We’ve seen continued confidence in Amazon as the market endures the coronavirus, with Amazon being one of the few tech companies to close Q1 with stock growth. While the growth was rather humble by Amazon standards, coming in around 5%, it indicates that there is still confidence in ecommerce’s ability to weather this storm.  

All this is to say: Do not make the mistake of pulling back your digital advertising prematurely. Ecommerce has the flexibility to survive, and history shows that advertising now can be to your immediate and long-term advantage. Step back from the emotional turbulence and let data drive your actions, and you can position your brand to come out stronger on the other side. 

Average CPC for Amazon Sponsored Products is Down Significantly YOY 

In that spirit, let’s look at what the data is telling us about Amazon advertising. When we compare the average cost-per-click (CPC) for Amazon Sponsored Products from Q1 2019 to Q1 2020, Kaspien’s data shows that the average CPC is down 6%, with categories like Beauty, Health & Personal Care (HPC), Tools, Office, & Outdoors (TOO), and Electronic experiencing double digit reductions.  

In 2018 to 2019, we saw the average CPC for Sponsored Product ads rise 37% YoY. The 6% drop in 2019 to 2020 indicates that many brands are cutting back their spend for Amazon ads. This in turn creates a vacuum that you can fill.   

This is the same reason that the historical examples mentioned above saw success by maintaining their advertising. With fewer competitors in the space, it’s easier to capture a greater market share. 

Due to Lower CPC, Marketing Dollars Will Stretch Further

In addition to indicating a vacuum that brands can fill, the lower cost of advertising on Amazon also means that brands who do advertise will see their marketing dollars go further. As a result, brands who can afford to maintain or increase their advertising budgets will see stronger returns. Brands who need to reduce their advertising budget due to fiscal constraints also benefit from the lower CPC, as it means that they could maintain pre-COVID returns even with a smaller budget.  A word of warning: While continuing to advertise during an economic downturn can be advantageous, it’s not without risks. How you spend your marketing dollars is even more important during an economic downturn. In a strong economy, you have room for error. In a strained economy, you should keep marketing, but you need to be insights driven. Now is not the time for following hunches. Conduct A/B tests. Review historical data. Assess your competitors. What worked well previously and what didn’t?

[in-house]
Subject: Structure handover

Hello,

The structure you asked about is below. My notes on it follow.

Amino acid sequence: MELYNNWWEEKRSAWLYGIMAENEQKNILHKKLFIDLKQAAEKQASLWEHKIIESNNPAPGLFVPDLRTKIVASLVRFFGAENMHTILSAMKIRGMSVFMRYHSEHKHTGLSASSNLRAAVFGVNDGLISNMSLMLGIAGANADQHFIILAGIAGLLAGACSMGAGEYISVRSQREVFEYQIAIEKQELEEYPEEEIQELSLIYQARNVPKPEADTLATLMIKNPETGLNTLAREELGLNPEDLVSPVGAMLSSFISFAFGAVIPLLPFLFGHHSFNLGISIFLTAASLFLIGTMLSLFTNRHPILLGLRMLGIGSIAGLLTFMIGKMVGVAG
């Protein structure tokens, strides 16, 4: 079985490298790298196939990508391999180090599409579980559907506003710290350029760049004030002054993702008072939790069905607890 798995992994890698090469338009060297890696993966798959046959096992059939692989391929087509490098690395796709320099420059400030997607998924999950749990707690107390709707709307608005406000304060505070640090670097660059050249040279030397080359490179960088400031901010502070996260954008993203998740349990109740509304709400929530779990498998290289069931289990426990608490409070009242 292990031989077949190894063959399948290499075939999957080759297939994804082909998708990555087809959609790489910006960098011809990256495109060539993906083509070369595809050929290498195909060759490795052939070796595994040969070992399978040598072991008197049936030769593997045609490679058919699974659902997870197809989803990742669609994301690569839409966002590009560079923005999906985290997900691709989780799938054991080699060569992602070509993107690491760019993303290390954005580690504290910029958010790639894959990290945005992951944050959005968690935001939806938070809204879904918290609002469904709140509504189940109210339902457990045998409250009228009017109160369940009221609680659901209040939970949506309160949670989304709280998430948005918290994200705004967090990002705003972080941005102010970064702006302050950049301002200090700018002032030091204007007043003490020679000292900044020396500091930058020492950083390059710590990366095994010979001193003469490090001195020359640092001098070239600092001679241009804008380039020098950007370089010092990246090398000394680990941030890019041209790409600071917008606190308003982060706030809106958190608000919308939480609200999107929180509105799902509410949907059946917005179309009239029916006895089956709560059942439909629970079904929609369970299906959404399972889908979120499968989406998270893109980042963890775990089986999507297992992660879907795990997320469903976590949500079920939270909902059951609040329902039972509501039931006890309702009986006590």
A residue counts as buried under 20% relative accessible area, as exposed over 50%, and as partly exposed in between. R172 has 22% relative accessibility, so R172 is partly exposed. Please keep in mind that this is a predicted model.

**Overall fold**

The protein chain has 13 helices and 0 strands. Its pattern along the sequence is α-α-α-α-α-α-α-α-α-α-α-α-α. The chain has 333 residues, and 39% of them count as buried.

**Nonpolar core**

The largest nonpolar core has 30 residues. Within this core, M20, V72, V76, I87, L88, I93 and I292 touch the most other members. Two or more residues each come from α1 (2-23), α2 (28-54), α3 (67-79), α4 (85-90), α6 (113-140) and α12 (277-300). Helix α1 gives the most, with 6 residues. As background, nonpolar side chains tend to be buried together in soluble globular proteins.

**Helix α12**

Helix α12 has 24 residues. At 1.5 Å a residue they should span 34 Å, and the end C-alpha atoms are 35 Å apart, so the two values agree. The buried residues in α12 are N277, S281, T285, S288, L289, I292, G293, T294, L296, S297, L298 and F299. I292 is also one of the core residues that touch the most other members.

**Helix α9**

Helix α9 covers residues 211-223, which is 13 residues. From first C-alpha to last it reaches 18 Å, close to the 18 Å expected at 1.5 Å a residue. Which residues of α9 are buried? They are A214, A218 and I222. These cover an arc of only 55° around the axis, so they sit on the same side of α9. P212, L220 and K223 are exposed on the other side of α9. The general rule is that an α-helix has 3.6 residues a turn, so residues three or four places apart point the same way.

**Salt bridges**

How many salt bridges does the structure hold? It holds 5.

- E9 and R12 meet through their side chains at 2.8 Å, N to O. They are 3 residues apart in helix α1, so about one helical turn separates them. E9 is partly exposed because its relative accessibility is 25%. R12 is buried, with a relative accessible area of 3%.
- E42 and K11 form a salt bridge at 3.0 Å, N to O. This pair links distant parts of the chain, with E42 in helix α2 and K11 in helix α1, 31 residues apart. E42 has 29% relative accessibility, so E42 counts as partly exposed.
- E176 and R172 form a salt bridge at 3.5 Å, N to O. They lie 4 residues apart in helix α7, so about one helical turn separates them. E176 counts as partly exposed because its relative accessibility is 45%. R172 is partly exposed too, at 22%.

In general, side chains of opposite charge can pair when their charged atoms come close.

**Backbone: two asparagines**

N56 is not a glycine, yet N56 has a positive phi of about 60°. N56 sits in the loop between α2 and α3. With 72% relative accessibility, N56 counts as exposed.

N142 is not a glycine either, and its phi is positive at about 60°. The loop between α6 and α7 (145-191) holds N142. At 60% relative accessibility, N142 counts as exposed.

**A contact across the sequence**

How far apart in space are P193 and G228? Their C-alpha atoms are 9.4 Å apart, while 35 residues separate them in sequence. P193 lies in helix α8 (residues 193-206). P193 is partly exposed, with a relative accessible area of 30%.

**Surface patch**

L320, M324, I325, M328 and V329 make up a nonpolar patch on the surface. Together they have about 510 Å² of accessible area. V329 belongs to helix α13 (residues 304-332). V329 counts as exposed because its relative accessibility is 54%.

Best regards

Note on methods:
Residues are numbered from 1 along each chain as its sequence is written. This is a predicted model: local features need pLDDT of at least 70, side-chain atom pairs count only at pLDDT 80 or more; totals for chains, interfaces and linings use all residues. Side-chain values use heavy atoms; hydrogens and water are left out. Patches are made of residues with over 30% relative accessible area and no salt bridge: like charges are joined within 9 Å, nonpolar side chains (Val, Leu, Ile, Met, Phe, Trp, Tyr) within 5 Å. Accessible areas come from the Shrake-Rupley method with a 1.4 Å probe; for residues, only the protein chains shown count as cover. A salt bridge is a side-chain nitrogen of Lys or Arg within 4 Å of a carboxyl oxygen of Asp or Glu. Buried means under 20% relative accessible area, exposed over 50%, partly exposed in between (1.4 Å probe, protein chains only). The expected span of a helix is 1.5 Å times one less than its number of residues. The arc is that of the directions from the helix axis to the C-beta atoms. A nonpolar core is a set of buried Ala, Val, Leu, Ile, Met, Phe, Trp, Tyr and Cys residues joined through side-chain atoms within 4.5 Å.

Can you advertise while respecting the sobriety of this crisis? Advertising can backfire if you aren’t cognizant of the situation. The coronavirus threatens more than just the economy, and you should always make sure that your marketing doesn’t come across as tone-deaf. 

Find Efficiencies 

If you’re looking for other ways to improve your online business’s efficiency during this crisis, explore our Amazon agency services for sellers and vendors.

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Matthew Boardman
Latest posts by Matthew Boardman (see all)